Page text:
Why fake news is in the news again

By Magazine Networks | Sponsored
Mary Ann Azer

To quote Steve Olenski from Forbes Magazine, fake news has been, well, in the news lately. And unlike Donald Trump, I’m not talking about the type of media coverage you don’t like. I’m talking about sites and articles deliberately created to mislead people into believing and sharing inaccurate information.

In today’s social media driven world, fake news has the potential to influence election outcomes, stock market trading and make or break personal reputations. German leader Angela Merkel isn’t immune either. According to the latest round of fake news to hit Germany, she was either once a member of the East German secret police or Adolf Hitler’s daughter! With elections planned for September of this year, it will be interesting to see what role ‘alternative facts’ play in that outcome.

Meanwhile in Australia, ironically ‘fake news’ was nominated by the highly trusted Macquarie Dictionary as it’s ‘word of the year’ for 2016 in recognition of its ‘broad influence’.

Fake news and alternative facts really are a global problem, after all, how do you deal with fake sites, bots and trolls that continually regenerate to propagate their myths? One thing’s for sure though – fake news is taking its toll on consumer trust. Publishing Executive writer Ellen Harvey said that now more than ever “finding a (media) brand that will provide reliable information is of increasing importance, and many (consumers) are willing to pay for content that they can trust.”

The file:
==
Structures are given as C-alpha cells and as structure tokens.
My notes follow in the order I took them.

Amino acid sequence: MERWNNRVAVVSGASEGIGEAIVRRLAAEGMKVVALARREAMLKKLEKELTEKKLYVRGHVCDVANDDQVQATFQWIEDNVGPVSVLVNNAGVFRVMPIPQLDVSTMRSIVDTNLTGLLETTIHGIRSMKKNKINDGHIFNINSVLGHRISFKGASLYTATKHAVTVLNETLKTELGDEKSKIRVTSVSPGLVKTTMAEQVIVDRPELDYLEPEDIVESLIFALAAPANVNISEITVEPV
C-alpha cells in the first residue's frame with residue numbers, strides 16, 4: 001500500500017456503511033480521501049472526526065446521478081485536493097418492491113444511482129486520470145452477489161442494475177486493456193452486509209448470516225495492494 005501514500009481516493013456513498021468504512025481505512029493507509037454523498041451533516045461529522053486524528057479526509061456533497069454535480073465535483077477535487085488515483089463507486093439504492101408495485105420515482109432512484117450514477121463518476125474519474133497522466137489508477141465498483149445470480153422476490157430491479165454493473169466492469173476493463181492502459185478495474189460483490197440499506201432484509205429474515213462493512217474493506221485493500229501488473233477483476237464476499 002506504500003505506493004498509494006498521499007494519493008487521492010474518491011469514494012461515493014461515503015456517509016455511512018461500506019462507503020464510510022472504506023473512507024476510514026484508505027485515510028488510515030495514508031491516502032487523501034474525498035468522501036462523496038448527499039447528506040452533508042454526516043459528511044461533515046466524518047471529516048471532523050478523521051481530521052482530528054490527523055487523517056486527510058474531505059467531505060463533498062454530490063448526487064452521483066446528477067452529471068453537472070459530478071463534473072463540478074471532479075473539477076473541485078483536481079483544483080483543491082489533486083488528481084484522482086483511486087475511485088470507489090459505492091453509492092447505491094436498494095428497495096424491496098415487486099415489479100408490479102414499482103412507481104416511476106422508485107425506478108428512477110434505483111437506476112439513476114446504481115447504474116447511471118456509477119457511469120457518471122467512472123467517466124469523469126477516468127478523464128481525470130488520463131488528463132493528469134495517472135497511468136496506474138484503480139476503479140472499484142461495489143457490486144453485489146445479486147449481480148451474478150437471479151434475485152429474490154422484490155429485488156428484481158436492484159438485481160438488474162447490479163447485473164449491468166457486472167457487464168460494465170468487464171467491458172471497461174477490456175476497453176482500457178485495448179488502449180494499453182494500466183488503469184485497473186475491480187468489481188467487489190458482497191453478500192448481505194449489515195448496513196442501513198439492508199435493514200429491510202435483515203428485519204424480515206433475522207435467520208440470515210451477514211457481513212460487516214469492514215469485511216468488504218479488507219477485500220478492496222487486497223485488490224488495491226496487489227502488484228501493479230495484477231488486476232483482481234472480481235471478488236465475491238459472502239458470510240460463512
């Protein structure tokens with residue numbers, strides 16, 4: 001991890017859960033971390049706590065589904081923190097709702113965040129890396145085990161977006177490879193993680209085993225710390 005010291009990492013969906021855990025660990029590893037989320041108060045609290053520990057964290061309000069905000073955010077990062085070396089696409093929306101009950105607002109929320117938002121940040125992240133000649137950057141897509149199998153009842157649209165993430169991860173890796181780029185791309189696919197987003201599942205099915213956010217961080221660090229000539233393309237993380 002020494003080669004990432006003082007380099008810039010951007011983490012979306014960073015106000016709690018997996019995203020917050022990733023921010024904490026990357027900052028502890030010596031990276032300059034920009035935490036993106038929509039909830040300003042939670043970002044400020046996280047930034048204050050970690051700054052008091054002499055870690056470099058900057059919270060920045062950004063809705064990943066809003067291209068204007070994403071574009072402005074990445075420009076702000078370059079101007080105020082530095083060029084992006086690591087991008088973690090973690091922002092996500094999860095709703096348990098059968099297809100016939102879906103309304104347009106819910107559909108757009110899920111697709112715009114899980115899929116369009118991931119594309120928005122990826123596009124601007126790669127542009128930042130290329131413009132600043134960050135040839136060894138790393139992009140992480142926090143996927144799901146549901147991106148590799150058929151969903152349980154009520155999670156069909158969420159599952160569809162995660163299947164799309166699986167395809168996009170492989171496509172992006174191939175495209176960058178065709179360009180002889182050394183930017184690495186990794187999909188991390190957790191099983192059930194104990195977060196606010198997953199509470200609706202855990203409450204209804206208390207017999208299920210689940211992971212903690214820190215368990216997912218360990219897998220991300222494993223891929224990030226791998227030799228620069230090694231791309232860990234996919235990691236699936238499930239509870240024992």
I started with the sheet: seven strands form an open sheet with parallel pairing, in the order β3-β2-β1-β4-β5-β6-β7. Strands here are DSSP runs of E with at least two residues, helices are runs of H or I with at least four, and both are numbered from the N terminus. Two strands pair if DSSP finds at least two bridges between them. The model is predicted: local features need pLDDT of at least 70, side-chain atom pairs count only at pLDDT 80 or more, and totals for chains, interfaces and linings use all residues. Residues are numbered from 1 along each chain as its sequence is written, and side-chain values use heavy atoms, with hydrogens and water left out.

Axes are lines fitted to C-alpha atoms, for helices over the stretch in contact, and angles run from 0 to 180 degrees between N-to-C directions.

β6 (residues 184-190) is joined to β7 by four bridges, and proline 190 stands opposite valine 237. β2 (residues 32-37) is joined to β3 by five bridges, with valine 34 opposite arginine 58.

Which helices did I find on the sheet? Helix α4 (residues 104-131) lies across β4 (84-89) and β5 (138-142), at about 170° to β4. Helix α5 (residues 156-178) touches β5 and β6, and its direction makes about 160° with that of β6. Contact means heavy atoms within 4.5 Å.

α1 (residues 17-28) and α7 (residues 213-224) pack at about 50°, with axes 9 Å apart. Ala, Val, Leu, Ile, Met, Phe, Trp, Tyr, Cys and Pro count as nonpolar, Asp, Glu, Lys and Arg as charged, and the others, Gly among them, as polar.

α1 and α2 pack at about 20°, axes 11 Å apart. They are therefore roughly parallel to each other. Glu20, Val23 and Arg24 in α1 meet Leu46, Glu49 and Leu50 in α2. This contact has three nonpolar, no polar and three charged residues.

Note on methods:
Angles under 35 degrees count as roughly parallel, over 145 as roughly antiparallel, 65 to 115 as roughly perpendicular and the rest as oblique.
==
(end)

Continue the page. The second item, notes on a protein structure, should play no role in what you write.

This is one of the many reasons why I believe that this is a unique moment in time for magazine media brands. We know consumers want reliable, authentic, accurate and thought-provoking content. And the research shows that magazine brands are uniquely placed to deliver it.

According to Fiftyfive5 research commissioned by Magazine Networks, magazine readers are twice as likely to trust what they see and read in magazine content compared to social media. In addition, magazines were found to be the most trusted source of information on brands and products and 61% of readers believe magazines are the most trusted source of information on trends. That’s online and offline magazine media content.

In the US, the New York Times reported that its subscriptions grew tenfold after the election, adding over 132,000 paid subscribers. The Atlantic saw new subscriptions rise 160% in the first weeks after the election. While in Australia, we had the recent announcement that fashion and style publication Grazia is expanding beyond digital with a return to the printed product.

Consumers are hungry for quality, curated content that speaks to their interests, whilst ad partners are taking a long hard look at where they invest. This is certainly an exciting time for magazine publishers. And we will keep doing what we do best – delivering that quality content that readers can believe in.

Mary Ann Azer, executive director, Magazine Networks

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